Thanks for this, Sue.
You may have encountered my putative attempts to list landlords for various pubs in the area.
The 1851 Census is not the clearest handwriting! I read the road name as “Turnpike Road”, which was the Walsall to Lichfield Road, and Richard’s occupation as “Victualler & Miner”, not an unusual combination. In these cases wives probably did most of the work of running the pub, together with older children – note that Jane (10) was “Scholar at Home”. So they were probably running the pub in 1851. It is not listed in White’s Directory of 1851, but that may simply mean they didn’t pay to be advertised.
Does anyone know why “Royal Exchange”?
In 1871 the address is given as “Engine Lane, Back of Coppice”. This was between records for Norton Common (Travellng Gypsies) and the W&E Canal. I wonder if this was where the short section of surfaced road is today. Anyway, although in the parish of Norton Canes, it was a short distance to the south of Brownhills – the boundary ran along Wolverhampton Road – today’s Pelsall Road.
I see that the landlords of the “Royal Exchange” pub in Hartpury, Gloucestershire believe the name to have been derived from the history of the site of the establishment : that is was formerly an open tract of ground where opposing forces during the English Civil War met to exchange prisoners. They don’t offer any evidence for this theory, but it is one equally plausible in our area, in which there were a patchwork of areas of control by the two armies. It is perhaps less likely that the particular place where our Royal Exchange was built had any connection with financial or commodity markets – neither does it bear any structural or architectural resemblance to the more famous Royal Exchanges in London or Manchester.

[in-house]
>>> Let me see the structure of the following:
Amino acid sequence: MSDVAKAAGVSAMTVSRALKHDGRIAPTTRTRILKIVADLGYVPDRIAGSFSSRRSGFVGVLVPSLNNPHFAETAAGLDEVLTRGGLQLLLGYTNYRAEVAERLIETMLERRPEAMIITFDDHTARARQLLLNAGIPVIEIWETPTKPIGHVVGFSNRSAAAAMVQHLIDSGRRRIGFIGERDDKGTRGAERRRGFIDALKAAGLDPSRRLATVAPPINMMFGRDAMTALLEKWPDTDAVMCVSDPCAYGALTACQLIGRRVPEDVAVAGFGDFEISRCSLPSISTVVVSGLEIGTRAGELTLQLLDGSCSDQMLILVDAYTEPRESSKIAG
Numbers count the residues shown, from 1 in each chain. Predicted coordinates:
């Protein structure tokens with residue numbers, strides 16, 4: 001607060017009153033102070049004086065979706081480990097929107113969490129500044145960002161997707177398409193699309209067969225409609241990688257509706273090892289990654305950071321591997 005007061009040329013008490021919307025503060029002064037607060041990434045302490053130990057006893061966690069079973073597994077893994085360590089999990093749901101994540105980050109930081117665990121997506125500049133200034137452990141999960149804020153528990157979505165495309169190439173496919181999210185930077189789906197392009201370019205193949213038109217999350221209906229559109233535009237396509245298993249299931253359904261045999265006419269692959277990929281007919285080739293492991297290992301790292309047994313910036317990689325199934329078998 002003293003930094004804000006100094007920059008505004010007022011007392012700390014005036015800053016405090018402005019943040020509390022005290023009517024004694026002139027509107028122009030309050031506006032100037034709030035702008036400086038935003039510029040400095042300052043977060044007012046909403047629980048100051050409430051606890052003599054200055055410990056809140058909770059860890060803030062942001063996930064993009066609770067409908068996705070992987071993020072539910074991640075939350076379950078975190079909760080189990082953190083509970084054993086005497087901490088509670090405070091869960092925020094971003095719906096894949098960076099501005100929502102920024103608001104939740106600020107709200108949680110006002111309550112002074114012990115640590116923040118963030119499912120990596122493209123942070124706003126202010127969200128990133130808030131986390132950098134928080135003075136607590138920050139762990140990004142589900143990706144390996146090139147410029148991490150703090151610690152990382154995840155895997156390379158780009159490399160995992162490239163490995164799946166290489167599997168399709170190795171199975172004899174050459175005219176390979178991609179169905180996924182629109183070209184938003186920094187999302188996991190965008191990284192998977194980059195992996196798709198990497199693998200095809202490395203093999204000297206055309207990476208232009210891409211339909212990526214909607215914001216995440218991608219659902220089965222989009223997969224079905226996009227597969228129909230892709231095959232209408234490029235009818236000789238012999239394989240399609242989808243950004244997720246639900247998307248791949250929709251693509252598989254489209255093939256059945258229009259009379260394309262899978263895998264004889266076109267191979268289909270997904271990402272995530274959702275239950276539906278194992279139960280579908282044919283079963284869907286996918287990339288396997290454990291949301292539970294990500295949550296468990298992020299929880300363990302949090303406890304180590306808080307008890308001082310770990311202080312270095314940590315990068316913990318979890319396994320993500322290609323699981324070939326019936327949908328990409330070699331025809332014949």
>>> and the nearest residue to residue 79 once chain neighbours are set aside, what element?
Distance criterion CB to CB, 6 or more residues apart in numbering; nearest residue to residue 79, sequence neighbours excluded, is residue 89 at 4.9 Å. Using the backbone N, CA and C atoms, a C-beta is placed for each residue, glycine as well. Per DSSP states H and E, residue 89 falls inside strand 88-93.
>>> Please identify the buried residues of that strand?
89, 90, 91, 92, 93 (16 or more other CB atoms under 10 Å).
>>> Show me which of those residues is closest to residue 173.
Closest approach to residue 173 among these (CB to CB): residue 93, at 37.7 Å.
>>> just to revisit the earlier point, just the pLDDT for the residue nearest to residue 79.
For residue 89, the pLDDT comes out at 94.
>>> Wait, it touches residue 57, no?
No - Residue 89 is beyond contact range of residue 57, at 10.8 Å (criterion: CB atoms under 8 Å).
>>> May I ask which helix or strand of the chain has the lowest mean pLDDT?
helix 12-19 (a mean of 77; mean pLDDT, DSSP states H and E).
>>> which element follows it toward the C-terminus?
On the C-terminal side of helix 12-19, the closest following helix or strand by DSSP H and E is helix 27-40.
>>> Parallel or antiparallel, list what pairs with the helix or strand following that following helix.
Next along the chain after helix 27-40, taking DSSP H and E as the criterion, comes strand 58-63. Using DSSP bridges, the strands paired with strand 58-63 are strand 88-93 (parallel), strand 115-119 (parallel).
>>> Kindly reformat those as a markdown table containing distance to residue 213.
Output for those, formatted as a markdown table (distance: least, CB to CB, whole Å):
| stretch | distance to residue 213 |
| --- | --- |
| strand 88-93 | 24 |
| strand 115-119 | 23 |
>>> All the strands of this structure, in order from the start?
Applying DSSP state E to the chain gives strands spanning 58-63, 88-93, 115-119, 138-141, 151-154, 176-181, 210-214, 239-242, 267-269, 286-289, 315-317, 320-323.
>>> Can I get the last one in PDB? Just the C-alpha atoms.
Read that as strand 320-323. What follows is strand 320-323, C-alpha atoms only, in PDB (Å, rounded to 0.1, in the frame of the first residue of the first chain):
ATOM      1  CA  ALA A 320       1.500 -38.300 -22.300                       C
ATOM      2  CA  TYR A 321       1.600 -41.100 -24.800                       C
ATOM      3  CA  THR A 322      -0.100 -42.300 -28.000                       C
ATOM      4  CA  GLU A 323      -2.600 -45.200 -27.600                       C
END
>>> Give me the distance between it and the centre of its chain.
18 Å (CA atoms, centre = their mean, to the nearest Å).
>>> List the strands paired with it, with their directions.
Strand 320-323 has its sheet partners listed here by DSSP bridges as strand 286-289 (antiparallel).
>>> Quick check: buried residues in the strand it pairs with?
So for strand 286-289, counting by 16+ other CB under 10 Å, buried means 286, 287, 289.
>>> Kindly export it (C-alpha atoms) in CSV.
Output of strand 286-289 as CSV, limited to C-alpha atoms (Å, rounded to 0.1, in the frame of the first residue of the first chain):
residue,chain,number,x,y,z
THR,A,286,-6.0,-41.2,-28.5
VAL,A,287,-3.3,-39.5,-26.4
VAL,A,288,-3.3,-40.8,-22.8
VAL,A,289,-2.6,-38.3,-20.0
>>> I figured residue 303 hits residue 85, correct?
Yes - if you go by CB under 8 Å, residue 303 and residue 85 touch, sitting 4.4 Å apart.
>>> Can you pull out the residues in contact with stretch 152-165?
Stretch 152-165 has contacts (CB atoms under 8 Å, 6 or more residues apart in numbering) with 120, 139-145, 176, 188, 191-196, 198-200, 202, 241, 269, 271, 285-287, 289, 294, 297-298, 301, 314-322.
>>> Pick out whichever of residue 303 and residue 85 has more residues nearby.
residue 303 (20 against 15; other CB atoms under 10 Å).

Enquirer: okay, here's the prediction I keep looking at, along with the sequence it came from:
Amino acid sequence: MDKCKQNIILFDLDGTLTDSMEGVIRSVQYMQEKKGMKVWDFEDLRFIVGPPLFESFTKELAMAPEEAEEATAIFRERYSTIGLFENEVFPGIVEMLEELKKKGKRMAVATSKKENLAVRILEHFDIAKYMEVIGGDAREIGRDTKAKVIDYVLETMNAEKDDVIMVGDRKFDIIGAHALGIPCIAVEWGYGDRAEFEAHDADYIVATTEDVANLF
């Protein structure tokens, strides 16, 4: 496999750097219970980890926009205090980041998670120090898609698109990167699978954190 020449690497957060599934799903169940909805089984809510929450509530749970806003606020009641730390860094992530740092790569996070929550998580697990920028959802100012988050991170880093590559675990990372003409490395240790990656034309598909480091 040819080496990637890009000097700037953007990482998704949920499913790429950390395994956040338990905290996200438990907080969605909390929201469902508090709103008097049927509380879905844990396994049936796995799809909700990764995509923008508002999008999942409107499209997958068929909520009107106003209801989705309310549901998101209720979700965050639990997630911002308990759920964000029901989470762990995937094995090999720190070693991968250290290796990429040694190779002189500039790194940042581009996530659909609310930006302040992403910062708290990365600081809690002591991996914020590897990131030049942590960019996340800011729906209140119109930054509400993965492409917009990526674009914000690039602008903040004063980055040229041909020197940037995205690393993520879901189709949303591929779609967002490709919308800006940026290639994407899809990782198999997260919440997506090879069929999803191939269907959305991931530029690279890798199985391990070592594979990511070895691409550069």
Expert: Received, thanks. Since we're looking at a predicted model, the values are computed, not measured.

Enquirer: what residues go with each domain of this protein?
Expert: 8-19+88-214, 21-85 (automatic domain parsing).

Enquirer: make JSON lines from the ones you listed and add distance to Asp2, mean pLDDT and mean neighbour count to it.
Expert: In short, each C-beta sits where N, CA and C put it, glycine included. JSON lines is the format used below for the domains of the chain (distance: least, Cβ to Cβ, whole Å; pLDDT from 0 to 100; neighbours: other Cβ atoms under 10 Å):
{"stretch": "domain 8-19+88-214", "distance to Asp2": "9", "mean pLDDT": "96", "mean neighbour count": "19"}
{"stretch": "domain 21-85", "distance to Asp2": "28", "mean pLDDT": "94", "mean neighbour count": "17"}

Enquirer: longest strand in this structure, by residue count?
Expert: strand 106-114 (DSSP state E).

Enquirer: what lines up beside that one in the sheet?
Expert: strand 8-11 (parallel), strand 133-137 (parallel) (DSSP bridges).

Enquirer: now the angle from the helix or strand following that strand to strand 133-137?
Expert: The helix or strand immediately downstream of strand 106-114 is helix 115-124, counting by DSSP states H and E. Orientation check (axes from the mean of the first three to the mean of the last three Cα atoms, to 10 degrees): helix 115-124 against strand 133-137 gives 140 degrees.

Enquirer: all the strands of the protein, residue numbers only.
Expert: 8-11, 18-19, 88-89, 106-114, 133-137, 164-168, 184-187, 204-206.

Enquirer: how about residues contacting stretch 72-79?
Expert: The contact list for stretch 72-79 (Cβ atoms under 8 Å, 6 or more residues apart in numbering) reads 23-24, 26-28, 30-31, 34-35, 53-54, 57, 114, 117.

There was a long tradition of ransoming prominent prisoners, presumably the origin of “a King’s Ransom”. The Lichfield Road is very old, so it is not impossible that something of the kind happened there or nearby. If it did it would last in folk memory, even for centuries. There was a battle at Lichfield in the Civil War, Rushall Hall was fortified in the time of the Wars of the Roses, and there may well have been skirmishes in other conflicts. Was there a much older watering hole for the sustenance of pilgrims and others on the road from Wolverhampton to Lichfield?
Not Wolverhampton; Walsall or Wednesbury.
Here is one near Wolver, but didn’t fancy the water!
Hi Andy, et al. I thought it might add another view to share the opinion I garnered from Nick Larkin, former Major General of the Sealed Knot Midland Royalist Forces, who does not favour my theory about prisoner exchange leading to the naming of the pub. This is what he wrote to my cousin, a former Sealed Knotter herself, in response to the query: “Easy question no simple answer, yes prisoners were exchanged but usually for money, not each other.
Depending on rank, Soldiers were sometimes offered service with the victorious Army, or merely cast out to starve to death, hence the need for the Staffordshire clubmen.